There are a number of ways that a web content producer might attempt to gain detailed control over what they’re creating so that they can produce advanced content that is properly formatted. A content producer can use a tool to write the code for them, hire somebody to write their code, or they can learn to write the code to format the document themselves.
1. Automation Utilizing a WYSIWYG Tool
It seems appealing to be able to use a WYSIWYG tool to create web content. Unfortunately what you see is often not what you get (WYSINWYG). For anything other than the most basic documents, these tools (at least the ones I’ve used) are ultimately an imperfect methods of producing web content. Especially when working with contain a mess of formatting elements added by other WYSIWYG tools.
The classic example of this is the Word document pasted into a rich text input. Even if you run your rich text content through a “sanitizer” when you paste it into your content management system; you’ll still end up with formatting that contradicts what exists in your site’s CSS style sheet. A user who is reliant on a WYSIWIG tool will often find themselves battling inadequate tools trying to get their font and formatting proper on each element of their document instead of relying on a global style sheet that defines the proper style of abstract elements. This is no way to go through one’s content authoring life.
2. Delegation of Advanced Formatting
This solution involves the content producer handing off their content to a competent web designer to apply the proper formatting to the content. This requires the content producer to be dependent upon skilled and costly developer resources for putting the finishing touches on each document that they produce. This is a fine way to do things if you’ve got good help and can afford to pay up at every step of the way.
3. Empowering Oneself With Knowledge of HTML & CSS
A WYSIWIG interface that can do everything that is possible through manually writing code will be so complicated that it will be extraordinarily difficult to use. This is a poor means of escaping the difficulties of formatting a document. The web is not going anywhere, and if you’re in the business of producing content for it, you owe it to yourself to take the time to learn at least the basics of HTML & CSS.
Content producers would be well advised to take the time to get to know the basics of producing clean markup. Learn what a tag is, and how they are nested in a tree. Learn the difference between a DIV and a SPAN, between an ID and a CLASS, then learn a subset of the CSS properties that can control every aspect of formatting. Any time an author invests in this learning will be time well spent.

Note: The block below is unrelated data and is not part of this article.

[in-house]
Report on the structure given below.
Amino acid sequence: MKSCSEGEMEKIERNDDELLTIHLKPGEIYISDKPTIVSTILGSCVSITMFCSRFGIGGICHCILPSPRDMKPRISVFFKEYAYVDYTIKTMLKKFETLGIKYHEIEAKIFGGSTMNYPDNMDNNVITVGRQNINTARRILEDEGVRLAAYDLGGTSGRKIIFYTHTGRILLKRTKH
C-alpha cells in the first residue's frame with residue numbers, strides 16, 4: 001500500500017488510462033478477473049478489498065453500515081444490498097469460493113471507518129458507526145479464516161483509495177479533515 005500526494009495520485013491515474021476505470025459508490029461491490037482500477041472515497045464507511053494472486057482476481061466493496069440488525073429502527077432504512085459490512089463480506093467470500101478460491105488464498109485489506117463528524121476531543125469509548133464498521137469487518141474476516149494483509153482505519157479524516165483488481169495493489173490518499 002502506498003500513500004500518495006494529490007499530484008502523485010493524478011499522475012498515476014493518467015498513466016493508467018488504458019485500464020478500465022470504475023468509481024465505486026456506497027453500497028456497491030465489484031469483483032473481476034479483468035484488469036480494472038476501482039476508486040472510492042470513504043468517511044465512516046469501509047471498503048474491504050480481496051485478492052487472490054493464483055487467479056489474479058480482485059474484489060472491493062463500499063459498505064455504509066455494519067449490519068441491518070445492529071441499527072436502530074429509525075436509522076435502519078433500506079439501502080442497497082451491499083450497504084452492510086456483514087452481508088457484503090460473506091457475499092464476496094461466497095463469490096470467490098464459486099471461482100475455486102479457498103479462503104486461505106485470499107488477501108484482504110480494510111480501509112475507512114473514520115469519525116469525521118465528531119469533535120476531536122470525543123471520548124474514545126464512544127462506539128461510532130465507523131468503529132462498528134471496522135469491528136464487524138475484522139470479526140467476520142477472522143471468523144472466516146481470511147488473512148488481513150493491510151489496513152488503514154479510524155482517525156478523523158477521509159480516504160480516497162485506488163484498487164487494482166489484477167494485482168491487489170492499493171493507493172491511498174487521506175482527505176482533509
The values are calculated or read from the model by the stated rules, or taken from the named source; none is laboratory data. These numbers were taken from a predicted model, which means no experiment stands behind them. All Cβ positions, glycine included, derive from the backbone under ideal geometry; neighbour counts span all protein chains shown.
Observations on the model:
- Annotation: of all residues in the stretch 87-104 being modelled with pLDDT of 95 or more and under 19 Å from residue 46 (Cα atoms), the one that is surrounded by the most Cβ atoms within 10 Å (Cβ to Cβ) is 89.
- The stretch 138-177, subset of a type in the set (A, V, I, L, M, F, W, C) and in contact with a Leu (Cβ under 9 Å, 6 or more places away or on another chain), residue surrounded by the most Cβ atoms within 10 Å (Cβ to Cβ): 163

As a school child I learned good penmanship, how to produce letters that were legible and consistently sized and styled. This knowledge is useless in the information age. People who want to be empowered need to be educated themselves on how they can produce the type of document that dominates world we live in. It’s my opinion HTML & CSS should be part of the core curriculum for middle and high school aged students, and that anybody who is seriously involved in the authoring of web content owes it to them self to spend some time looking under the hood.
The Hybrid Solution
WYSIWIG Tools can be huge time savers, and no amount of basic knowledge will be able to match somebody who has spent years working with web technologies. The best solution is a well balanced combination of all three of these solutions. The content producer should get a skilled developer/designer to set them up with all the CSS styles they might want, and then use a WYSINWIG tool to apply these styles to their document elements.
Some understanding of the inner workings of a web page is necessary in order to make the hybrid solution work effectively. Otherwise, a content producer is going to have a hard time re-using styles. Instead they’ll find themselves having to go back to costly developers or battling inadequate tool over and over again.